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A timeline outlining the history of Hungarians in America

Date Event
ca. 1000

According to the Chronicle of the Kings of Norway (Heimskringla), the crew of Leif Ericson's expedition included a man named Tyrker, who may have been Hungarian. The name Tyrker in Icelandic means Turk and in the tenth century Hungarians were referred to as Turks.


Martin Waldseemuller named the new continent "America" after the Italian explorer Amerigo Vespucci. The name Amerigo is derived from the Hungarian eleventh century saint Imre (Emeric in English and Amerigo in Italian).


Stephen Parmenius, a linguist and historian born in Buda, was employed by Sir Humphrey Gilbert as the chronicler of the expedition of 1583 to America. The expedition of three ships arrived in what is now Newfoundland on August 3rd. He wrote detailed descriptions about the climate, vegetation, animals countered, and type of soil. On the return voyage on August 29th, they encountered a violent storm off of Nova Scotia and the ship that Parmenius was on sank. His writings, however, were given to Richard Hakluyt, an English historian, who published his works in 1589.


John Ratkai, a Hungarian Jesuit, was assigned to Mexico to do missionary work. He died in an Indian assault in 1684 in the territory of what is now New Mexico.


John Kelp, who was born in Transylvania, Hungary. He studied theology, immigrated to America, and founded a religious community near Philadelphia, Pennsylvania in 1694. This historical district is called "The Hermitage" and the street where he lived "Hermit’s Lane."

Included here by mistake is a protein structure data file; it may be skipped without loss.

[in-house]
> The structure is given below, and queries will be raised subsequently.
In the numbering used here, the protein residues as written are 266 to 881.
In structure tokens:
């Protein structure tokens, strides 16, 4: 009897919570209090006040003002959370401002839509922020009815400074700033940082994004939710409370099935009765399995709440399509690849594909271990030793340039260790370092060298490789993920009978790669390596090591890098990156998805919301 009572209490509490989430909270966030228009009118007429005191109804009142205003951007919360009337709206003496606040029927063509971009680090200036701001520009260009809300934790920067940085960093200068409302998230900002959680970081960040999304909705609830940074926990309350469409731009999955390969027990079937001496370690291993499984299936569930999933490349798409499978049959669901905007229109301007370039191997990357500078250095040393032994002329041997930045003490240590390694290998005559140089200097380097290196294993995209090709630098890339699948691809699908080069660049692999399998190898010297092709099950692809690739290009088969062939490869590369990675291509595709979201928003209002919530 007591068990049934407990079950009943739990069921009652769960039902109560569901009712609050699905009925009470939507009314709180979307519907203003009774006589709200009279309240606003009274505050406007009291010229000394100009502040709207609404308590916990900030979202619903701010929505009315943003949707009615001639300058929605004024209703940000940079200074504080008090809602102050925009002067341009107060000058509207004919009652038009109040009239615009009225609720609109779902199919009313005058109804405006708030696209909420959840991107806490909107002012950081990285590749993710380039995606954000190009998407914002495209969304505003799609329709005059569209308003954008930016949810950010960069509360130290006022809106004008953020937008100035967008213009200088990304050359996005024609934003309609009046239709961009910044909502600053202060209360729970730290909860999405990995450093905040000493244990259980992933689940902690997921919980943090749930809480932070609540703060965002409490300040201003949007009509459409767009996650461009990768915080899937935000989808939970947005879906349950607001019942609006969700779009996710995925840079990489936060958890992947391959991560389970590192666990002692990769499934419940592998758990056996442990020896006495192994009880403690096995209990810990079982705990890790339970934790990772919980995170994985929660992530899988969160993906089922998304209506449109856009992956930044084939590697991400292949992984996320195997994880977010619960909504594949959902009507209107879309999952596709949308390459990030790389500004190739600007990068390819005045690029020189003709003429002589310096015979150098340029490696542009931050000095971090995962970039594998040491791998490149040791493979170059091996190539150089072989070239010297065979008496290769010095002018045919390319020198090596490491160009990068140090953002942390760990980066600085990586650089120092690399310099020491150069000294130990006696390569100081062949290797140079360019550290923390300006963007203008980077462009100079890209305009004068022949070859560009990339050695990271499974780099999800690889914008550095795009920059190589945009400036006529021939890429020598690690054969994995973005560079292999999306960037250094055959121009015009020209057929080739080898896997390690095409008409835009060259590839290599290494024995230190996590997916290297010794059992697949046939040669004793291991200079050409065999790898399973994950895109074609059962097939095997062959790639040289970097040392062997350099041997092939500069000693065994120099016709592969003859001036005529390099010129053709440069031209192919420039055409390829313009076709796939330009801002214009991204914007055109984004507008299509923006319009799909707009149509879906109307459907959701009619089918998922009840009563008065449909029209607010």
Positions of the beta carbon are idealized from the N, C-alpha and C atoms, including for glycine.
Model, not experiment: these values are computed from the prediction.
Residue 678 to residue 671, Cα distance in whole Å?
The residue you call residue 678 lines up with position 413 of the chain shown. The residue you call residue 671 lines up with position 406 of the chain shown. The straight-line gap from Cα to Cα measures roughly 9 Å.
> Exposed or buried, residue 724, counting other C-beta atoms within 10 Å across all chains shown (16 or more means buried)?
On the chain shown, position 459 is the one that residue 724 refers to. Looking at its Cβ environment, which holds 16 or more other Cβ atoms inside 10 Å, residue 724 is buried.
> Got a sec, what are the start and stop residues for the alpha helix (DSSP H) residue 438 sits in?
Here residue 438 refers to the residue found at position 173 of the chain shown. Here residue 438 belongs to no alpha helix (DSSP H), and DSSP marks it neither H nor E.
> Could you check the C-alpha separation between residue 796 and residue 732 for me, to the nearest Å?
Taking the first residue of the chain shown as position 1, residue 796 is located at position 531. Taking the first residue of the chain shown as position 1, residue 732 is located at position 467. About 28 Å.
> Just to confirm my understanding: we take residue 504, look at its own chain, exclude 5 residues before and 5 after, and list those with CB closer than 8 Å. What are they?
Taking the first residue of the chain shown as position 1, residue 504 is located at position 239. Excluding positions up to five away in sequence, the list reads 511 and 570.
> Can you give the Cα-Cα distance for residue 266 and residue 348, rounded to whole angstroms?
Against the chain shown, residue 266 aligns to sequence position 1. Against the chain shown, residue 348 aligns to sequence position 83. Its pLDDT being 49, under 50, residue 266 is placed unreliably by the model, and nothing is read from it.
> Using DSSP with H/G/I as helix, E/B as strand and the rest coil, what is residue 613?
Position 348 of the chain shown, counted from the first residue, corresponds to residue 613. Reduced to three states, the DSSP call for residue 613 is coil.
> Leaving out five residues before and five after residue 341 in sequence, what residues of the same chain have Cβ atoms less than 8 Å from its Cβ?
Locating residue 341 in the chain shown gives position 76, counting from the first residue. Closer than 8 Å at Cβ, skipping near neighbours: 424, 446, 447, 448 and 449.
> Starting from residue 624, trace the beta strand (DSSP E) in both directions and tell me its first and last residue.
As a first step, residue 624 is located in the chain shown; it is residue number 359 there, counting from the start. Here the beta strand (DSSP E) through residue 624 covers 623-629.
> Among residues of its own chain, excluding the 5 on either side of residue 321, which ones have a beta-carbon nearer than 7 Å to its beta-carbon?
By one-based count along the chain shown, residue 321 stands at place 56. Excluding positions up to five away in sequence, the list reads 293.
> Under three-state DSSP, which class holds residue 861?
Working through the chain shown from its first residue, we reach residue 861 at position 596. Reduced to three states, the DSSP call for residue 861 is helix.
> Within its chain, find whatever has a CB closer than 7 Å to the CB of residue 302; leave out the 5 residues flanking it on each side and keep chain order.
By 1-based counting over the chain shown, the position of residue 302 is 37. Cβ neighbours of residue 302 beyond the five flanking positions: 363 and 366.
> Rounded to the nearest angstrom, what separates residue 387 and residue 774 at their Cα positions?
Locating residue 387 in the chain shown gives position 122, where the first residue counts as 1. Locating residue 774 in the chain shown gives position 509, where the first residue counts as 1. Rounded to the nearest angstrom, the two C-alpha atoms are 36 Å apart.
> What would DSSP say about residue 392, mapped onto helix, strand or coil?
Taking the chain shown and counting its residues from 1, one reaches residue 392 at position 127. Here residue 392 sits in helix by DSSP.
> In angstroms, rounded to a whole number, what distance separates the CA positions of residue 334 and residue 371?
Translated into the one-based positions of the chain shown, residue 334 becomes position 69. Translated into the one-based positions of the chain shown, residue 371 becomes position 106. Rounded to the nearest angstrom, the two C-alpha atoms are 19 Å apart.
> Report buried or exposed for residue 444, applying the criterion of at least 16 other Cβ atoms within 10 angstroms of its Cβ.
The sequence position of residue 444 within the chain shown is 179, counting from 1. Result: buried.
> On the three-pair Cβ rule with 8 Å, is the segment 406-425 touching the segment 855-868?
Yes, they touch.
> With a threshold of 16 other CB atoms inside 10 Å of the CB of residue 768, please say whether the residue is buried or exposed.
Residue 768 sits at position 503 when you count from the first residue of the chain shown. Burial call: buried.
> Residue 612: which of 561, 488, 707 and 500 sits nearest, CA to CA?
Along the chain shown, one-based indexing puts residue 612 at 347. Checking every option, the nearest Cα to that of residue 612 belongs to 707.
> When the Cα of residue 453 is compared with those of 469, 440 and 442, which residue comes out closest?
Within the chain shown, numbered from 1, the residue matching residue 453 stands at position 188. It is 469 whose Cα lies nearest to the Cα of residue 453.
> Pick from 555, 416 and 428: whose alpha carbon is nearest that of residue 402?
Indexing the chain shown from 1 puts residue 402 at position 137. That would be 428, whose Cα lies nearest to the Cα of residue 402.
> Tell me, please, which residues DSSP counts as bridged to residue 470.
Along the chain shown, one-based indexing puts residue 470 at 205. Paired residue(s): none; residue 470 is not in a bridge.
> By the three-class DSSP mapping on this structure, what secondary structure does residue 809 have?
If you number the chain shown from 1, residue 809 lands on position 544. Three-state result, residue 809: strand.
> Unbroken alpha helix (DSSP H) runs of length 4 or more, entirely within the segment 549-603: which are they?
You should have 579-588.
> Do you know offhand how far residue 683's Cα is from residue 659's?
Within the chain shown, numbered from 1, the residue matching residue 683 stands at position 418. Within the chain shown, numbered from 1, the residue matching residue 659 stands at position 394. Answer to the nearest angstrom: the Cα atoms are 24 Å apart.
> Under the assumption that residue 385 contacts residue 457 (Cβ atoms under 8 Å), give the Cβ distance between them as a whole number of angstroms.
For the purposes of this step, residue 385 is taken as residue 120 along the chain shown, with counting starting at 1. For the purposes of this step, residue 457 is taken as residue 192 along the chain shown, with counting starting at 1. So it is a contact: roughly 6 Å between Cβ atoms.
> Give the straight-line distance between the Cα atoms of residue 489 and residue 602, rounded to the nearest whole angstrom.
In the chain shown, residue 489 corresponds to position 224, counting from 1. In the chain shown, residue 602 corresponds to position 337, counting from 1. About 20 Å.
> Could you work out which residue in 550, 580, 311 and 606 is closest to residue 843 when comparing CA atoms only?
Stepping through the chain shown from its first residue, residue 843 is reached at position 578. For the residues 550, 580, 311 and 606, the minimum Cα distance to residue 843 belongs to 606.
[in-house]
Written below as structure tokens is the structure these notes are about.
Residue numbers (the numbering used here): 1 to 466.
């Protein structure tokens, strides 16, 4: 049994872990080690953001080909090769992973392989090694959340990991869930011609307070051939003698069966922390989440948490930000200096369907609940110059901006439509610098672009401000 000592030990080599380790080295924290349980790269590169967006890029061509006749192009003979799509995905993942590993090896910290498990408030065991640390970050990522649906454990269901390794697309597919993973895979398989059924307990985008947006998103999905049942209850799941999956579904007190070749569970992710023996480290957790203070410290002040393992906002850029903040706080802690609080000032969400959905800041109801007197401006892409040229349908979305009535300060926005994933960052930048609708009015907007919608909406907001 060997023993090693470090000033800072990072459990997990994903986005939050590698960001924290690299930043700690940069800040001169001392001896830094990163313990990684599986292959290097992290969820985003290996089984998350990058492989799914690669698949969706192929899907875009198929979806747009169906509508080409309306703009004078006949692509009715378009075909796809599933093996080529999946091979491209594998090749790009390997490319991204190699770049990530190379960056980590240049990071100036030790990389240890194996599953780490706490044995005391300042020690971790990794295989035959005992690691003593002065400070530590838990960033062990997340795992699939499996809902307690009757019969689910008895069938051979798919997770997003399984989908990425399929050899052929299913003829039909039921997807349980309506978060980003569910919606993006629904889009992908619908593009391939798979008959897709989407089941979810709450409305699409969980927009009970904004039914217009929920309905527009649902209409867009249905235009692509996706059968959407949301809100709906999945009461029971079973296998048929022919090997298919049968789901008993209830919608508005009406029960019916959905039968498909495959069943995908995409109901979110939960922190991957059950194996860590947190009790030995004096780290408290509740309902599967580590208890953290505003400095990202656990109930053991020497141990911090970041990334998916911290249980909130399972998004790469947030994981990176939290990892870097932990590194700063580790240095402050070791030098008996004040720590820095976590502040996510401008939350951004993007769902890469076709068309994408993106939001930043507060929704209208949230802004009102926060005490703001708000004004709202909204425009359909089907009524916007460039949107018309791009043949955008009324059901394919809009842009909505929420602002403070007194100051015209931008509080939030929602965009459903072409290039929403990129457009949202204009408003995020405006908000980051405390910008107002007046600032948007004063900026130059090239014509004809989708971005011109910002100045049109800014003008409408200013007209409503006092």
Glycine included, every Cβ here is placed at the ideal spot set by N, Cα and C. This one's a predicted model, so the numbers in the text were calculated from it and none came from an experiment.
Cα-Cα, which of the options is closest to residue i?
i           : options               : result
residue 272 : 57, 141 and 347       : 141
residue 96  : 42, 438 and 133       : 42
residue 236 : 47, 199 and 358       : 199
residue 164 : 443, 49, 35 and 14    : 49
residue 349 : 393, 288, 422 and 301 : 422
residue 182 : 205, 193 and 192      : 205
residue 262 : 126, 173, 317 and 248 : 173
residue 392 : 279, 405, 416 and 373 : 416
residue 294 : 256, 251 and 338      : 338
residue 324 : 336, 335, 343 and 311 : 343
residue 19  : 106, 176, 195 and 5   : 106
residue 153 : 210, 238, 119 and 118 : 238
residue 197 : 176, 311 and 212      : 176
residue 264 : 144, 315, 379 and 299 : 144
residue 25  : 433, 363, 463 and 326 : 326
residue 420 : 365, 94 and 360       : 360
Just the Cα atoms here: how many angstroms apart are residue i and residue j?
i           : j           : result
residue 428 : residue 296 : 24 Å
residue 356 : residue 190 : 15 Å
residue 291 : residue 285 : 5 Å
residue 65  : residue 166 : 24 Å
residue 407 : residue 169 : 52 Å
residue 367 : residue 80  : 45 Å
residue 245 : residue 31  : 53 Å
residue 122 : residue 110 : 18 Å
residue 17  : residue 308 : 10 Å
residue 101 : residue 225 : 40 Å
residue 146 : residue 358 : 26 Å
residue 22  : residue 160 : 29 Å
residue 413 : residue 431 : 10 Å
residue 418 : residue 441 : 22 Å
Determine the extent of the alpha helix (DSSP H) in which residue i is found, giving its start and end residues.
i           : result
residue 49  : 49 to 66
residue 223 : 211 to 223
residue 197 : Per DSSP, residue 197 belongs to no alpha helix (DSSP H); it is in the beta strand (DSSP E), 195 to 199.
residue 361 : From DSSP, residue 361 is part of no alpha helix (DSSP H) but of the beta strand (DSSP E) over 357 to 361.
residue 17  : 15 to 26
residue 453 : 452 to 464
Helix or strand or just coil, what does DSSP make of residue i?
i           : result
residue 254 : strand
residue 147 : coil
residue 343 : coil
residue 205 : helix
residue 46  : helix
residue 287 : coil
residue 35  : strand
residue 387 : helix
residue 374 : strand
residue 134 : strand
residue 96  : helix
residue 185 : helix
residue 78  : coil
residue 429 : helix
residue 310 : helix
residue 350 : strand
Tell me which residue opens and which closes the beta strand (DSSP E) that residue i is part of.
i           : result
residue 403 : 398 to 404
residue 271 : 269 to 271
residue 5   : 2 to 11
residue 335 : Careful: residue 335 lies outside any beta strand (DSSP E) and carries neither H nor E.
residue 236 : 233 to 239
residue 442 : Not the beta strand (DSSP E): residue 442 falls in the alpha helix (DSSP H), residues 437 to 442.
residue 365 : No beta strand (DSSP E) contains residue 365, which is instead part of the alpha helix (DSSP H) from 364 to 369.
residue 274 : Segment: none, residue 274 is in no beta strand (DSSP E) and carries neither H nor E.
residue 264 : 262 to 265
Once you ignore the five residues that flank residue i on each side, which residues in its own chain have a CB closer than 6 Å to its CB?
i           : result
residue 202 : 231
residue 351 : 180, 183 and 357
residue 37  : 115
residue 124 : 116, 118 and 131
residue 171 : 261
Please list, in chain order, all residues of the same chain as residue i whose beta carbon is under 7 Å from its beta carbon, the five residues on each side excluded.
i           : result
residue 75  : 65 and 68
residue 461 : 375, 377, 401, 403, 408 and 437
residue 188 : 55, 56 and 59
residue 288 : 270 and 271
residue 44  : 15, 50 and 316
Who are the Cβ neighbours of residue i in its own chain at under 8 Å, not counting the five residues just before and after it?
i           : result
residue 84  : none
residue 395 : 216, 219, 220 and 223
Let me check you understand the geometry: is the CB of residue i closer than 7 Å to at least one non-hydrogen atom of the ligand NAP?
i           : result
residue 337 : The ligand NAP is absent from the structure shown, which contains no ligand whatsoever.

Ferdinand Konsag joined the Jesuits in 1719. After completing his training, he was assigned a teaching position in Buda. His zeal for missionary work, however, took him to Mexico in 1730. He became superior of the Mission of St. Ignatius and later was appointed visitator to all of the Jesuit missions in California. He wrote extensively about his travels and explorations and drew one of the first maps of California in 1746. He died in California in 1760.


Michael de Kovats was born in 1724 in Karczag, Hungary and by age twenty was fighting in a Hussar regiment in the Austrian Army. He was an officer in the Prussian Army when the Revolutionary War started in 1776. Kovats came to America and joined Pulaski's Legion where he was named Colonel Commandant on April 18, 1778. His task was to organize and train hussar regiments for the American Army. In 1779 the Legion was ordered to march onto Charleston, South Carolina to relieve the city which was being surrounded by the British. They arrived on May 8, 1779 and attacked the British forces who were defeated and retreated from Charleston. Colonel Kovats, however, lost his life in the war for American independence in the battle on May 11, 1779.